Cecil Blount DeMille was a major figure in Hollywood from the mid-1910s to the late 1950s. Remembered now mainly as a showman and as the producer/director of a number of biblical epics, he was in fact a versatile innovator who made important films of all kinds throughout his career.
DeMille's parents were involved in the theater. When his father died, he worked as actor and general manager for his mother's theatrical company and also produced and wrote plays with his brother, William. In 1913, he left the theater to work in motion pictures as cofounder of the Jesse L. Lasky Feature Play Company. In 1914, he coproduced, cowrote, and codirected its first film, The Squaw Man, a six-reel adaptation of Edwin Royle's play, which was a success. When the Lasky company became part of Paramount later that year, DeMille supervised its production program. He also wrote, produced, directed, and edited many of its films.
By the mid-1920s, DeMille had been at the forefront of a number of key developments: the use of plays as a template for feature-length films; the production of feature-length westerns; the dramatic use of low-key lighting effects, most notably in The Cheat (1915) and The Heart of Nora Flynn (1916); the production of Jazz Age marital comedies such as Don't Change Your Husband (1919) and Why Change Your Wife? (1920) (both of them written, as many of DeMille's films were, by or with Jeannie Macpherson); and the production of "superspecials" such as The Ten Commandments (1923).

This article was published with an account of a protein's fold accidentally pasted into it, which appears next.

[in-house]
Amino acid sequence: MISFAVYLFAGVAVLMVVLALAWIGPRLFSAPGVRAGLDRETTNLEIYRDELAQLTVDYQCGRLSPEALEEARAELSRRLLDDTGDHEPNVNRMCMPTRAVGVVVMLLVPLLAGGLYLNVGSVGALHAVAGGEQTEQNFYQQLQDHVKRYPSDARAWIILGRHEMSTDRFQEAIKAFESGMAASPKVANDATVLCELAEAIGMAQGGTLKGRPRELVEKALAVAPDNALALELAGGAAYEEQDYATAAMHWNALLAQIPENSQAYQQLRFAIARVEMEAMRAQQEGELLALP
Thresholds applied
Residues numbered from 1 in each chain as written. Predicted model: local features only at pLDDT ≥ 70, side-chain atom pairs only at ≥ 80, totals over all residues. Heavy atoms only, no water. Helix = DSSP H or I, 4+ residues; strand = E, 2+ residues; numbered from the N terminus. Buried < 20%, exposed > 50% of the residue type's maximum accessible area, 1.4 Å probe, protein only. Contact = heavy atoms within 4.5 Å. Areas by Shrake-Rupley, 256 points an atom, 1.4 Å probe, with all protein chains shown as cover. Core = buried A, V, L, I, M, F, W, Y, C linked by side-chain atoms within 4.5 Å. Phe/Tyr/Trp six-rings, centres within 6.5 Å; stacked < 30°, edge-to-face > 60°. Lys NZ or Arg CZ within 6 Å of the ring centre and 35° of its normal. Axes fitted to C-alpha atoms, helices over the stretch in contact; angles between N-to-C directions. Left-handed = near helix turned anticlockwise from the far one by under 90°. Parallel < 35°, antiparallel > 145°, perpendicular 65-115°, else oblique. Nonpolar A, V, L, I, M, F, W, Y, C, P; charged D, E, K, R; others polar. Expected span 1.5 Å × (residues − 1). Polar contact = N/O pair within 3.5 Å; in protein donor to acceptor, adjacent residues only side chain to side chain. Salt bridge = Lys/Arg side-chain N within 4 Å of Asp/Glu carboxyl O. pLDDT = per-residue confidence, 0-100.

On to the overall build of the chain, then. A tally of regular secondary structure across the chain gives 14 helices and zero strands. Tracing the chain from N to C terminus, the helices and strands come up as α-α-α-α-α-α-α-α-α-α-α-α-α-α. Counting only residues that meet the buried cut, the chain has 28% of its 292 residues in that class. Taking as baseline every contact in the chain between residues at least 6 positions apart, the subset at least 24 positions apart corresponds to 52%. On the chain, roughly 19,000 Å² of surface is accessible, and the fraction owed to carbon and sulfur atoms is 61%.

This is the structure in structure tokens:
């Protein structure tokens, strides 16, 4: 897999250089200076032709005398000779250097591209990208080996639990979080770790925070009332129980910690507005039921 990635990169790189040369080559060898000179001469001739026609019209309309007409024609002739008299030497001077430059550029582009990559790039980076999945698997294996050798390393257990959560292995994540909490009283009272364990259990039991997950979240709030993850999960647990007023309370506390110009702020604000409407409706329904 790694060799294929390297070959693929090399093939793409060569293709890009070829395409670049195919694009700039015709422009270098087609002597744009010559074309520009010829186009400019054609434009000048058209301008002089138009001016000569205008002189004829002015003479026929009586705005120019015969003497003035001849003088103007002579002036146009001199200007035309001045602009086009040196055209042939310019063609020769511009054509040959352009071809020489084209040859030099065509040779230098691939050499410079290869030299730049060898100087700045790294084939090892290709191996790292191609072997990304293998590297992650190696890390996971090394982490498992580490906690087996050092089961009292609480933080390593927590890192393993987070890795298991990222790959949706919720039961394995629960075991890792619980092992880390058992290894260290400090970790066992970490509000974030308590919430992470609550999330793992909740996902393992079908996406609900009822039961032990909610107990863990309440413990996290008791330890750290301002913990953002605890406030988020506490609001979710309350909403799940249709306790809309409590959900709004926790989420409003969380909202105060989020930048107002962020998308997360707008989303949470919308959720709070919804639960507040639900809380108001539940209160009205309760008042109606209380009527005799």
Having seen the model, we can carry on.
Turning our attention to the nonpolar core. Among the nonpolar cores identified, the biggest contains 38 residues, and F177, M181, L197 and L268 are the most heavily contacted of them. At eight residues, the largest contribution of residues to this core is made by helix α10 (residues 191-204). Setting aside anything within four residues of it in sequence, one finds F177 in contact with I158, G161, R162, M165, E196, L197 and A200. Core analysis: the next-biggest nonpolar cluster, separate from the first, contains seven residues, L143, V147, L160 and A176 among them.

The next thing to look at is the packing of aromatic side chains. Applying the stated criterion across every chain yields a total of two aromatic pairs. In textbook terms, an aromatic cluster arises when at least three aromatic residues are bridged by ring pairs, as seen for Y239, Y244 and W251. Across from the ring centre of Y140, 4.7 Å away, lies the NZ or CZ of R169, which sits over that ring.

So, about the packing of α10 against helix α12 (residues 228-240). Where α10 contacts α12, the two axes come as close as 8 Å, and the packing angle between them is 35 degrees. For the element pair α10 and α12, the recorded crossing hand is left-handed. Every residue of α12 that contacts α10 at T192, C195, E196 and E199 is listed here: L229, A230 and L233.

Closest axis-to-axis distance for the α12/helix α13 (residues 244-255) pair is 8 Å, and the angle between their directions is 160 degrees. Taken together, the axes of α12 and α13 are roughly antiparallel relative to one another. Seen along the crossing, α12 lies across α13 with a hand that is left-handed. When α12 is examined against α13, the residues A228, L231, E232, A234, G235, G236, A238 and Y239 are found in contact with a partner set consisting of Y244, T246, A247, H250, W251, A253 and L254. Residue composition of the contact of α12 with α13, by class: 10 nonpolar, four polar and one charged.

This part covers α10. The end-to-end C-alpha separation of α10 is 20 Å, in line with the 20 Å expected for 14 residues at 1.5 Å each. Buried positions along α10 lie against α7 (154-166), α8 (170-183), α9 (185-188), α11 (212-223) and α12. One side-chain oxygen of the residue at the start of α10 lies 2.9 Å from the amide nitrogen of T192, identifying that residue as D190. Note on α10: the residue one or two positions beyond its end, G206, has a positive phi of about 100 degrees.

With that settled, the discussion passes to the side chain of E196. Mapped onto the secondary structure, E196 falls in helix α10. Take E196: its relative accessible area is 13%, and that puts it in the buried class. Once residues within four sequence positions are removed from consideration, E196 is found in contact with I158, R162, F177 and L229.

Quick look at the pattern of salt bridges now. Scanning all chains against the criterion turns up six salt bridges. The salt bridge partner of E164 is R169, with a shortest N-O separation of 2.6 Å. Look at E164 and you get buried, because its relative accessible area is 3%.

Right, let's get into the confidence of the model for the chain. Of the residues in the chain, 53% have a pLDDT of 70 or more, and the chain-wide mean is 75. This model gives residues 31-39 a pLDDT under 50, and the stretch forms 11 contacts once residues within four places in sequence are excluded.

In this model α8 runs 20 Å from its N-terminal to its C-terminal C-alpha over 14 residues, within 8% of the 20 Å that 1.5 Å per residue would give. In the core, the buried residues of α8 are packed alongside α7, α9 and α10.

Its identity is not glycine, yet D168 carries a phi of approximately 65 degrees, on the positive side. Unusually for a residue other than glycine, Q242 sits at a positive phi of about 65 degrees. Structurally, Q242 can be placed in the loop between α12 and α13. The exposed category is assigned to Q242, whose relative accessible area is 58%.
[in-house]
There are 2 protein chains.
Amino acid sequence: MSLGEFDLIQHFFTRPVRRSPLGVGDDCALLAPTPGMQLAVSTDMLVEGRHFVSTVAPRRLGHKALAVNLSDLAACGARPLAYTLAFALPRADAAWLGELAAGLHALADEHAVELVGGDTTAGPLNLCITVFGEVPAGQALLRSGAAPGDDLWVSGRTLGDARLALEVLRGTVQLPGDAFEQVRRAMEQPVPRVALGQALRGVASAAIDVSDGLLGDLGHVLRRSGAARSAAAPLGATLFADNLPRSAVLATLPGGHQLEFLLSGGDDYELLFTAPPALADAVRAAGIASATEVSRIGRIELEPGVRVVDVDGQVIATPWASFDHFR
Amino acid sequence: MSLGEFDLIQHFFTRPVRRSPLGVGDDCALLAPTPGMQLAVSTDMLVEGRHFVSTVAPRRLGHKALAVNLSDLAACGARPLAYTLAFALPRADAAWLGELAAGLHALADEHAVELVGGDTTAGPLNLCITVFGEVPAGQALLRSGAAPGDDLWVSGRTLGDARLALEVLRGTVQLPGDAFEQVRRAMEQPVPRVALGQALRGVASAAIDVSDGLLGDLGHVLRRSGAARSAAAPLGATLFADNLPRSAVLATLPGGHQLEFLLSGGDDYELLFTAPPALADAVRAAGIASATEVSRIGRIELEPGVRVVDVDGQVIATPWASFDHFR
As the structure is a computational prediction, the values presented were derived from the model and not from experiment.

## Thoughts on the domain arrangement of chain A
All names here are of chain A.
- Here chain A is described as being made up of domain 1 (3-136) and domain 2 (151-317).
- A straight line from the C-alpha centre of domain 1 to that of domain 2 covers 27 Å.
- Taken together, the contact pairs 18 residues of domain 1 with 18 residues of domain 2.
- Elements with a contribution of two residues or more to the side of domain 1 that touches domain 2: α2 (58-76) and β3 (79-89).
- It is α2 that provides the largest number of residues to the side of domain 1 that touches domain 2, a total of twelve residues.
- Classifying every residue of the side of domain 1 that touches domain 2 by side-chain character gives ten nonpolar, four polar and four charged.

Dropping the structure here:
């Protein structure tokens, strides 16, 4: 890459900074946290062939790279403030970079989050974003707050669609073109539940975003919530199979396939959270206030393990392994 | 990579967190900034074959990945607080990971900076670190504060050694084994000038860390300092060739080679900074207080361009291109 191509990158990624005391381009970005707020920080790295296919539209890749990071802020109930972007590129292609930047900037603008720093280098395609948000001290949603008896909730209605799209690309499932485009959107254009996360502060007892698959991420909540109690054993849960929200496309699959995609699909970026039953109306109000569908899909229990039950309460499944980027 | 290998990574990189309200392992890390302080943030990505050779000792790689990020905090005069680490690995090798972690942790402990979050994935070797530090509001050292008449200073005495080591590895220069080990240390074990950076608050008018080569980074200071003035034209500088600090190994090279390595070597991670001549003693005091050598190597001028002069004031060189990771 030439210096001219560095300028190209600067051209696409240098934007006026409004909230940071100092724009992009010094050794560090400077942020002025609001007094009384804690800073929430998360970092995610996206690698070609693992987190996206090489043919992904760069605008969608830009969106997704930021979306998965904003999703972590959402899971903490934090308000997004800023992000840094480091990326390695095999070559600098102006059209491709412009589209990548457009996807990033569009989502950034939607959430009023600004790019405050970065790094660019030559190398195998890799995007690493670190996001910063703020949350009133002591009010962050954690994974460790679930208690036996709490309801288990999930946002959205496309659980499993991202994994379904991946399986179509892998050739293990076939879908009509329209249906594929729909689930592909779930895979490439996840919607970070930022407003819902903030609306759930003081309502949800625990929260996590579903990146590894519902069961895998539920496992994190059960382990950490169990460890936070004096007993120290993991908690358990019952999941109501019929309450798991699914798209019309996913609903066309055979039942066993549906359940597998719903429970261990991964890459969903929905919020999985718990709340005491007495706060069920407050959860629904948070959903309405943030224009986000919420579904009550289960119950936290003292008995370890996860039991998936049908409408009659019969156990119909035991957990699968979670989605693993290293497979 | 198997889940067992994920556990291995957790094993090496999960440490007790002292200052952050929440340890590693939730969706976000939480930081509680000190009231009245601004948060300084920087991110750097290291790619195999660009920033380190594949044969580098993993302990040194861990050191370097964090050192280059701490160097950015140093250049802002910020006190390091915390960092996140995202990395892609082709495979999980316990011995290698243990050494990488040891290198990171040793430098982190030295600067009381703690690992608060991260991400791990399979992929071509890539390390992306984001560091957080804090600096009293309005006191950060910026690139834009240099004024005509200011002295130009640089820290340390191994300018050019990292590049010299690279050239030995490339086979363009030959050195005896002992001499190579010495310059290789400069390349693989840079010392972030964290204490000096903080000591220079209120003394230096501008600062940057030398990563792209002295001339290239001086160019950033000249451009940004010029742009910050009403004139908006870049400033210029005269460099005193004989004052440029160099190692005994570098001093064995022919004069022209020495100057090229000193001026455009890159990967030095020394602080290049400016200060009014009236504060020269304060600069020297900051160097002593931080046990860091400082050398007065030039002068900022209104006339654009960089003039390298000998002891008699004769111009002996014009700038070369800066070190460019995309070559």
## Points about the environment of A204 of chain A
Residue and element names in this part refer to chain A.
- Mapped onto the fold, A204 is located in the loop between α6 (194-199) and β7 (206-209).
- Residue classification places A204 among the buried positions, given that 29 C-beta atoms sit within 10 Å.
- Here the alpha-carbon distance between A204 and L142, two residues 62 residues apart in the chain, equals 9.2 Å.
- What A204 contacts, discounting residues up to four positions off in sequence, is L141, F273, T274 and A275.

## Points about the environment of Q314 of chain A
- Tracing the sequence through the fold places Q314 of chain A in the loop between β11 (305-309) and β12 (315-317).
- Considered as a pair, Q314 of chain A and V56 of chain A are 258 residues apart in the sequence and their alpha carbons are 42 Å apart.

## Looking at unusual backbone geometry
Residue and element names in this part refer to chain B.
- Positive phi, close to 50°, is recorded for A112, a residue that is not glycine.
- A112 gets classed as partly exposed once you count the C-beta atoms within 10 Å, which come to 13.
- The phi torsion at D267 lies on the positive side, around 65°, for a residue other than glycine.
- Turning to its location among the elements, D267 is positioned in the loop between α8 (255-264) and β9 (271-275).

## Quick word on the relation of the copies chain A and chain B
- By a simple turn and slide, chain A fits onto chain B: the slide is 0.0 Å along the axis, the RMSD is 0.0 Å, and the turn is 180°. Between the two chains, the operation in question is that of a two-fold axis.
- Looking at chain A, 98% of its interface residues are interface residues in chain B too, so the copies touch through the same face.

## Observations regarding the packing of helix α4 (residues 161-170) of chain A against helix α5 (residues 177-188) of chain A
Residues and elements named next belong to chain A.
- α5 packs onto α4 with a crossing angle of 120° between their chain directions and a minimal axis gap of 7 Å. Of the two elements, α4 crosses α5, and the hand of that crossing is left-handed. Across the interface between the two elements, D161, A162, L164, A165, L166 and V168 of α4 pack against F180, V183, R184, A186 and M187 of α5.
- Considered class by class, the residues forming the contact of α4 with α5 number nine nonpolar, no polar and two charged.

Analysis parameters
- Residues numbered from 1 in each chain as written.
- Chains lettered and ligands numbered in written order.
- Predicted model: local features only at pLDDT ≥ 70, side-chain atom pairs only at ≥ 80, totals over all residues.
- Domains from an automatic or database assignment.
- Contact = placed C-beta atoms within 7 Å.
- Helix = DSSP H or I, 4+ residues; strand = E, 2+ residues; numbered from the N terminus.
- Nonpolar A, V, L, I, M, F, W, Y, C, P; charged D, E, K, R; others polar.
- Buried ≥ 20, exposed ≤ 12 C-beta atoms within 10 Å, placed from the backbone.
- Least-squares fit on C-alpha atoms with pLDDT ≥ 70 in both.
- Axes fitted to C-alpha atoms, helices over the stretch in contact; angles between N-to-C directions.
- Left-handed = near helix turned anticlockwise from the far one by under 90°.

The Ten Commandments, a Paramount film, was the first of DeMille's biblical epics. His second, The King of
Kings (1927), was released through Producers Distributing Corporation, a company for whom he began making films in 1925. Following a period with MGM, DeMille returned to Paramount to make The Sign ofthe Cross in 1932. He remained with Paramount for the remainder of his career, making social problem dramas, westerns, and spectacles like Samson and Delilah (1949), The Greatest Show on Earth (1952), and the 1956 remake of The Ten Commandments. From 1936 to 1945, he also hosted and directed adaptations of Hollywood films and Broadway plays for Lux Radio Theater.
DeMille's films are usually said to be marked by a formula in which seductive presentations of sin are countered by verbal appeals to a Christian ethic inherent in scenes of redemption and in the providential outcome of events. However, it is worth stressing the extent to which, as the actions of characters like Moses, Samson, and John Trimble (in The Whispering Chorus) all illustrate, acts of virtue as well of sin in these films entail unusually perverse or destructive behavior.
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